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It would be helpful to establish a registry of patients who develop optic neuropathy while taking amiodarone to help answer the following questions for which there is still insufficient data:

  1. Is the natural history of asymptomatic disc swelling and of optic neuropathy in patients taking amiodarone better when the drug is stopped than when it is continued?
  2. If amiodarone is associated with optic neuropathy, is it dose-related, and would reducing the dose be as effective as stopping it?
  3. Can the drug be restarted at a later time without cardiac or optic neuropathy risk?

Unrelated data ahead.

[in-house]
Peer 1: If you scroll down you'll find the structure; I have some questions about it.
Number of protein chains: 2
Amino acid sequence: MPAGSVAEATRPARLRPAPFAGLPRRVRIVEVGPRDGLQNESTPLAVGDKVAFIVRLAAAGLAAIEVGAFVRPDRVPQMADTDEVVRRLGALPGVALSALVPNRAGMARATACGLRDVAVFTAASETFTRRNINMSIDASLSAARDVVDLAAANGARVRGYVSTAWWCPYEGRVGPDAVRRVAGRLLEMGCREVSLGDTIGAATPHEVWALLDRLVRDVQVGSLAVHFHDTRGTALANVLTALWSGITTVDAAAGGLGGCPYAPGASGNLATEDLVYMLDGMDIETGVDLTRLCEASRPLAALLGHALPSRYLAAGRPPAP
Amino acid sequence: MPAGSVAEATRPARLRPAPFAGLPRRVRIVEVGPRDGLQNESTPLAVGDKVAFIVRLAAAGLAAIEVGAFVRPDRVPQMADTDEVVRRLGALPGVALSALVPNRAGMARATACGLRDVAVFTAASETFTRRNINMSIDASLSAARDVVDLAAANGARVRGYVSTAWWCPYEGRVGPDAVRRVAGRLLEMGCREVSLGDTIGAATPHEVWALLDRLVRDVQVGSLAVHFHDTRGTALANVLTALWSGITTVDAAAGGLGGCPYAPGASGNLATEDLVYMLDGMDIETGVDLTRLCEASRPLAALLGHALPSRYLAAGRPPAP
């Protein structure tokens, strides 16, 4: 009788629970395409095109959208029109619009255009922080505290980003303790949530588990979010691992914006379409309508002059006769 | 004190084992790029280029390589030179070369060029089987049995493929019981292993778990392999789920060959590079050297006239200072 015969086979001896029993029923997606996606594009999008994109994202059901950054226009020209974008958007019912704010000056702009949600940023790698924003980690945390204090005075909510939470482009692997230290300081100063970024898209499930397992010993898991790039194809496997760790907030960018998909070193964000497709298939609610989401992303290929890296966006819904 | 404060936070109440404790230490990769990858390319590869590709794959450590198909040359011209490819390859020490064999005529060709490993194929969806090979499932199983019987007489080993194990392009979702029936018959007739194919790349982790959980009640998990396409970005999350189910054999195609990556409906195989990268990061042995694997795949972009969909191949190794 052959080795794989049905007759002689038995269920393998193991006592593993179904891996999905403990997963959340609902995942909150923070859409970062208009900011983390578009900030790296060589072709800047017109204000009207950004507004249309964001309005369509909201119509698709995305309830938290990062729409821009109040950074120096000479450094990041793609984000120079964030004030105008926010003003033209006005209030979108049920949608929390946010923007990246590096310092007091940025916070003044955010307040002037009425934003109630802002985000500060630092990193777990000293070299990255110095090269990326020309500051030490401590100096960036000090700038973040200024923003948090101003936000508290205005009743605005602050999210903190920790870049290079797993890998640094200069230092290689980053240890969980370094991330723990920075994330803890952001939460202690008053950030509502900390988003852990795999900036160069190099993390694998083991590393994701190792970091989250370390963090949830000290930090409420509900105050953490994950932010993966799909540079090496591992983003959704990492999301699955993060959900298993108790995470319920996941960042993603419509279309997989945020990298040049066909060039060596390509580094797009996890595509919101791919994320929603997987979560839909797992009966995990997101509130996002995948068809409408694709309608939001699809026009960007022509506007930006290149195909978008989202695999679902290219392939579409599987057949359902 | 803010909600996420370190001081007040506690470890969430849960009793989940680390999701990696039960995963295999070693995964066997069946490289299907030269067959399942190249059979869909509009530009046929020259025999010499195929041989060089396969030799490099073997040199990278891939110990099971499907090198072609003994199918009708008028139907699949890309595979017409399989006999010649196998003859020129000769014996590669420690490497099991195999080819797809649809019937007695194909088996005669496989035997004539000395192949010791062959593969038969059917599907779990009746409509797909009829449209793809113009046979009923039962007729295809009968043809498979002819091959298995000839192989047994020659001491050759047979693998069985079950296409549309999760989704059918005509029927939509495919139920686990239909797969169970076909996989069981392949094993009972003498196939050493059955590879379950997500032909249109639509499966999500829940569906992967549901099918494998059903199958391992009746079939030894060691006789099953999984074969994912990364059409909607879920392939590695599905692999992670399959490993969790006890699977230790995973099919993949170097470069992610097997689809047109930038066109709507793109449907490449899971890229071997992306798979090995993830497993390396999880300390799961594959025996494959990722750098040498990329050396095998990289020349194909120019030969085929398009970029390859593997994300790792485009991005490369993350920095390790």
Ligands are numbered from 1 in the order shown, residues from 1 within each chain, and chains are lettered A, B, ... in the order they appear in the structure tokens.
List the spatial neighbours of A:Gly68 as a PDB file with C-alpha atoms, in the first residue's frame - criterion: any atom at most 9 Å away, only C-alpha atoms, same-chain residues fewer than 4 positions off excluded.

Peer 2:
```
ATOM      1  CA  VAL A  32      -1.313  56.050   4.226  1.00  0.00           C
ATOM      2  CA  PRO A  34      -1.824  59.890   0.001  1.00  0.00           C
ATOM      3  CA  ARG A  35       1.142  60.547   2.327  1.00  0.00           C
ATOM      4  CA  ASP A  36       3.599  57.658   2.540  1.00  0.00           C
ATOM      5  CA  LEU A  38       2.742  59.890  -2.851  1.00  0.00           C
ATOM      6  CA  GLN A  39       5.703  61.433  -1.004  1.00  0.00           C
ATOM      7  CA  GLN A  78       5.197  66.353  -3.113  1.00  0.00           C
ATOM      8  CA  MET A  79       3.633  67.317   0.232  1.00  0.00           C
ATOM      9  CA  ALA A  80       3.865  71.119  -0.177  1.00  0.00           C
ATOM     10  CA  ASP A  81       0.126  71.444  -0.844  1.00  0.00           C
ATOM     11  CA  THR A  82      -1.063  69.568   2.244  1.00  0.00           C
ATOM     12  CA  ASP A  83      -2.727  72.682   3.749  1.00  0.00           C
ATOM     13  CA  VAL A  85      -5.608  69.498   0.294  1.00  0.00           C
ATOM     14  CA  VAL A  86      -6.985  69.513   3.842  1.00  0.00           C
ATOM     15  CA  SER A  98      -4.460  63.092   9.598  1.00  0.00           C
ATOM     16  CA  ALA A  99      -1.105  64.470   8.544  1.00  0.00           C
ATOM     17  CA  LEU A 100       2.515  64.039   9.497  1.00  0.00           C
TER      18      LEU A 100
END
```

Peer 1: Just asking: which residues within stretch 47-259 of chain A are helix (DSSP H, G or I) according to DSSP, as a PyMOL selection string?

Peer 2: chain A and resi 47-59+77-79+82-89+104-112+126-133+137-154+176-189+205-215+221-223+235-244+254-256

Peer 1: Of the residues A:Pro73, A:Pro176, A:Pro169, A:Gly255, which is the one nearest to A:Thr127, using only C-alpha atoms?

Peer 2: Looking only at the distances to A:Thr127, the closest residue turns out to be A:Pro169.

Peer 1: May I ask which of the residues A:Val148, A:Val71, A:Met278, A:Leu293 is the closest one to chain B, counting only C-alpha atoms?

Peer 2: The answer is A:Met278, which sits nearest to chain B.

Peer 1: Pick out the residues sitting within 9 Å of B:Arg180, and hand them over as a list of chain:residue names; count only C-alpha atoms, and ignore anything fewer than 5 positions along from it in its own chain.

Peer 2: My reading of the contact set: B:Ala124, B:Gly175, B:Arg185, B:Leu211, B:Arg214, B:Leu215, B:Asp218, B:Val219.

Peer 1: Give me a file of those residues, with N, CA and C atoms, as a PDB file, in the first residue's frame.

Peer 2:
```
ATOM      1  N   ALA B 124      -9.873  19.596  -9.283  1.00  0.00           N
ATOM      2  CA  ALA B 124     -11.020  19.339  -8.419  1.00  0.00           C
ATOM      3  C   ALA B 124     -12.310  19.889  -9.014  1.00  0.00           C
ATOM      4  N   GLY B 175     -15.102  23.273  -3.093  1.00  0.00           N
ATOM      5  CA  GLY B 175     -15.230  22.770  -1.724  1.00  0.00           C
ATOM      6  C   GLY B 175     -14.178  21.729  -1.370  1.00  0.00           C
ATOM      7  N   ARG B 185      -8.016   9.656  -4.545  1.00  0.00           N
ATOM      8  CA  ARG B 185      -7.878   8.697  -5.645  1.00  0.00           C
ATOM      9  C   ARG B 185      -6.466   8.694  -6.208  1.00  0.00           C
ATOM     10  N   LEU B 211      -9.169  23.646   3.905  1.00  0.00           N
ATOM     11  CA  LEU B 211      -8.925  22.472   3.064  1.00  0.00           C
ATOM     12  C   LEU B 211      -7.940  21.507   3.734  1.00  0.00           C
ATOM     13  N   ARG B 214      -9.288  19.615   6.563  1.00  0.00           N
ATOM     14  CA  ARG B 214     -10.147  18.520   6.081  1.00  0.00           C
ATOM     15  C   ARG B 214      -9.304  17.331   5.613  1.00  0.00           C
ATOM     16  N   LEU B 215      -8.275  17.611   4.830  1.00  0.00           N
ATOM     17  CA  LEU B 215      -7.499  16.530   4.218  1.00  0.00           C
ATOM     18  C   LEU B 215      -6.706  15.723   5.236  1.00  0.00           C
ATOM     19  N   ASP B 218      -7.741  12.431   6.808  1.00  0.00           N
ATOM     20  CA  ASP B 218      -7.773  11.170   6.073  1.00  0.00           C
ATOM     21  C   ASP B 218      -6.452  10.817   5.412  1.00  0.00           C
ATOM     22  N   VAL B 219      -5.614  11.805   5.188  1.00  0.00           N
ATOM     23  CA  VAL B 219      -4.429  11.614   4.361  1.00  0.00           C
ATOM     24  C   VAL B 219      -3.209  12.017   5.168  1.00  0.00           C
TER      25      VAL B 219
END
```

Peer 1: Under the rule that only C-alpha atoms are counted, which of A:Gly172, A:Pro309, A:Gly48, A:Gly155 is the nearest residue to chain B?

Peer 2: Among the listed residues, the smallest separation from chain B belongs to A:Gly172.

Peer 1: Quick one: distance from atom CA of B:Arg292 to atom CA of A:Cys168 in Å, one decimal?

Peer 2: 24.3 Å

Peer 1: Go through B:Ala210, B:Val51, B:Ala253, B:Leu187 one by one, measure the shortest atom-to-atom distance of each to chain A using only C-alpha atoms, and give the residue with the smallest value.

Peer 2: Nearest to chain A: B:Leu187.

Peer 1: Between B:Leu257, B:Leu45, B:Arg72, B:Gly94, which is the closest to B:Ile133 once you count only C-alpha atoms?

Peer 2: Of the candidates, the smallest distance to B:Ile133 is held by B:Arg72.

4. What is the incidence of crowded optic discs in patients who develop optic neuropathy while taking amiodarone?

It has been stated that there is no “control group” of patients with similar refractory cardiac arrhythmias who are not treated with amiodarone in whom the incidence of NAION could be compared with patients using amiodarone (2,34). This is not the case. Most cardiology practices have numerous patients who have serious arrhythmias and who are prescribed agents other than amiodarone. Without further data, no recommendations can be made for periodic ophthalmic screening of all patients on amiodarone. At this point, the well-established benefits of amiodarone for serious and even life-threatening arrhythmias outweigh its small potential sight-threatening risks.